Blog: Why we need to change the image of engineers and engineering

This Is Engineering Day 2019
5 November 2019

Image Is Everything

That ‘a picture is worth a thousand words’ has never been so true. In today’s digital age, image is everything. So it’ll come as no surprise that the fastest growing social media channel is Instagram.  An almost entirely visual platform, Instagram, with its 1 billion monthly users, is growing faster than any other social media outlet, overtaking Facebook and Snapchat in the process. As Instagram’s popularity rises, so too does the social network’s influence over our choices and behaviour: where we eat, where we travel, how we look and what we admire.

Images we see online as we scroll grab our attention better than text, and that includes images that show up in search engines: 60% of consumers are more likely to consider or contact a business when an image shows up in local search results.

Young people have a narrow image of engineers

Food for thought when you search ‘engineer’ online. The resulting images offer a very narrow view, one that supports stereotypical ideas that engineering only happens in hard hats, on construction sites.

That’s certainly one aspect of engineering. But what about the other roles that engineers play?  What about the engineering roles that help people and planet, like the This is Engineering campaign, careers that make a difference, that are increasingly attractive to young people?

New research[i] finds that almost half of young people aged 11 to 19 think making a difference is an important factor in choosing a career, and that proportion has increased significantly over the last four years. Whereas 32% of young people aged 7 to 19 said that making a difference was an important consideration when choosing a career in 2015, 42% agreed with the same statement in 2019. While many of the emerging and in demand jobs identified by the World Economic Forum are engineering jobs that have a positive impact on society, 76% of young people aged 11 to 19 say they do not know a lot about what working in engineering means.

Engineering for the health and wealth of planet and people

Yet, take, Catastrophe Consultant, Josh Macabuag for instance. Inspired by buildings, bridges and a desire to be useful, Josh never imagined he would be helping respond to natural disasters. A structural engineer, Josh volunteers his engineering skills to work out the safest way to reach casualties in collapsed buildings. Or Power Pioneer Dr Enass Abo-Hamed. A determination to protect the environment and help those in need drove Enass to set up her own company producing batteries that store renewable energy and help provide power for hospitals, schools and homes in the developing world. These are just two of the sixteen stories of real young engineers, featured in the Royal Academy of Engineering’s This is Engineering campaign, who followed what they loved into engineering.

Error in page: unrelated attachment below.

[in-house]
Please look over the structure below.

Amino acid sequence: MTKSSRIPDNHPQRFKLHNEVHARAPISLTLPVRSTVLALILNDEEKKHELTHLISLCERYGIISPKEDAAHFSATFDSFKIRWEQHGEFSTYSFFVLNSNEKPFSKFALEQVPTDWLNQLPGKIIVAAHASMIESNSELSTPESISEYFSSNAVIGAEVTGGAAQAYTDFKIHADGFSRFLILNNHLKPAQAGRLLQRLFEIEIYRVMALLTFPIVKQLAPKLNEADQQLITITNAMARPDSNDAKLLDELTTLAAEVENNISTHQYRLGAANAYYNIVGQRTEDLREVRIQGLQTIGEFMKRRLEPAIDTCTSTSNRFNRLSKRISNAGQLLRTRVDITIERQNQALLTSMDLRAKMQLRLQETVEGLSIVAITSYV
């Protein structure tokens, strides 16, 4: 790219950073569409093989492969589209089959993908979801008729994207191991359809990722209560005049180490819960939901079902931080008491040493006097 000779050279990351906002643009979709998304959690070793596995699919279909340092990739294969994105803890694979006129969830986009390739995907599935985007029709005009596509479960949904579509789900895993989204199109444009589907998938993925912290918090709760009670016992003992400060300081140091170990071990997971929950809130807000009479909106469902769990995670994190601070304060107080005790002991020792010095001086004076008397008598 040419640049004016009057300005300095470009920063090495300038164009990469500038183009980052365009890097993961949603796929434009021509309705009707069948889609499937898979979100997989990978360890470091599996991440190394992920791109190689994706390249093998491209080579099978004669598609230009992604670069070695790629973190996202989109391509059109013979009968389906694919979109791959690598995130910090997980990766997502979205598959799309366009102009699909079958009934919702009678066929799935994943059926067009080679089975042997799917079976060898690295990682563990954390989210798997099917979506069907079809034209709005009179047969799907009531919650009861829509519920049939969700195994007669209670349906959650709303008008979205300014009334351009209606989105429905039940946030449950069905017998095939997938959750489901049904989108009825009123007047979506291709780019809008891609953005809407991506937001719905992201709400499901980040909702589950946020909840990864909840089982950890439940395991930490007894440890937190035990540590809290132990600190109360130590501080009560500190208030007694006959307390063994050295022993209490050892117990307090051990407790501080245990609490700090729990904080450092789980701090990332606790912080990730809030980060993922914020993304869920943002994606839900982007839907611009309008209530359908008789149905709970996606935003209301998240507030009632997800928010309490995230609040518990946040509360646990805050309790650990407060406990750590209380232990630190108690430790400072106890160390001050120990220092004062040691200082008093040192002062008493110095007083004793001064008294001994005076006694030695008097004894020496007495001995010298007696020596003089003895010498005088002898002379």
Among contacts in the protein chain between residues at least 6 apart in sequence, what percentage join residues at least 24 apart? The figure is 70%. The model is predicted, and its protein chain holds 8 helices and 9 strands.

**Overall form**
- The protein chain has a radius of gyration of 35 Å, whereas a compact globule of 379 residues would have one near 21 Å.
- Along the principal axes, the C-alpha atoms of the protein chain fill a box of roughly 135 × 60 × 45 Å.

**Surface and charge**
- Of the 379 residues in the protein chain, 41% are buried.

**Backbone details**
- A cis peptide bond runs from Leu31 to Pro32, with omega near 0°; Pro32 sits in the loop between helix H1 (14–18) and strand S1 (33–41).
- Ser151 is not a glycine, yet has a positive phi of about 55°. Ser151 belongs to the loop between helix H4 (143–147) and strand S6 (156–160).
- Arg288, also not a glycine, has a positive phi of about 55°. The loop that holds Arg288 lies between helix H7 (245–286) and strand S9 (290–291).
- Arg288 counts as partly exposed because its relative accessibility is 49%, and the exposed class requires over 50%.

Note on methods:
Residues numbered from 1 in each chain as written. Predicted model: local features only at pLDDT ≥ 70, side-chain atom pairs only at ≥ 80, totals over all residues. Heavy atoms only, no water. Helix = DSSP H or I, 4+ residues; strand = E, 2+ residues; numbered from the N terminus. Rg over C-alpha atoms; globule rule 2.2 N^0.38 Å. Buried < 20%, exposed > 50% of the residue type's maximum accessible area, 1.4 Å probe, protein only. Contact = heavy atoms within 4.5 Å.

Our own engineers, do not fit the image presented online, so that’s why we signed the pledge to help shape how engineering is seen by future generations.


An outdated view of engineers has consequences

Engineering has a vital role to play in driving social and economic growth and addressing some of society’s biggest challenges, which is why, if we are to encourage future engineers into the profession, the time has come for us all to challenge the stereotypical image of engineering; our futures depend on it, as Dr Hayaatun Sillem, Chief Executive of the Royal Academy of Engineering, further explains:

“Engineering and technology play an incredible role in shaping the world around us and in addressing some of society’s biggest challenges, from providing a sustainable supply of food, water and clean energy, to advancing healthcare, and keeping us safe and secure. We know that young people increasingly want to tackle these issues and make a difference in the world, but unfortunately the lack of understanding around engineering is stopping them from exploring careers that will enable them to do this.

“This matters because we face an estimated shortfall of up to 59,000 engineers each year in the UK, and there is a pressing need to diversify our engineering workforce since only 12% of professional engineers are female and 9% are from black, Asian and minority ethnic backgrounds. That’s why we’re making 6 November This is Engineering Day, to raise awareness of what engineers really do and celebrate those that are shaping the world we live in.”

Changing the image of engineers and engineering

To shatter the stereotypes that are discouraging young people from taking up engineering careers, the Royal Academy of Engineering has launched a public photo library and is appealing to all those companies and individuals influencing society’s image of engineering to use this free resource in its ambition to change search engine image results for the word ‘engineer’, so that, over time, visibility of the true variety and diversity of engineering will increase.

And that is why today, on This is Engineering Day, Plessey are joining forces with the Academy to challenge the public stereotype of the engineer by celebrating the engineers shaping the world around us, whose ingenuity makes the magic happen within our organisation.

[i] Research carried out by EngineeringUK. Data from the 2019 Engineering Brand Monitor captured in Jan – Feb 2019, based on a sample of 2,516 pupils aged 7-19, 1,023 educators, and 1,810 members of the public

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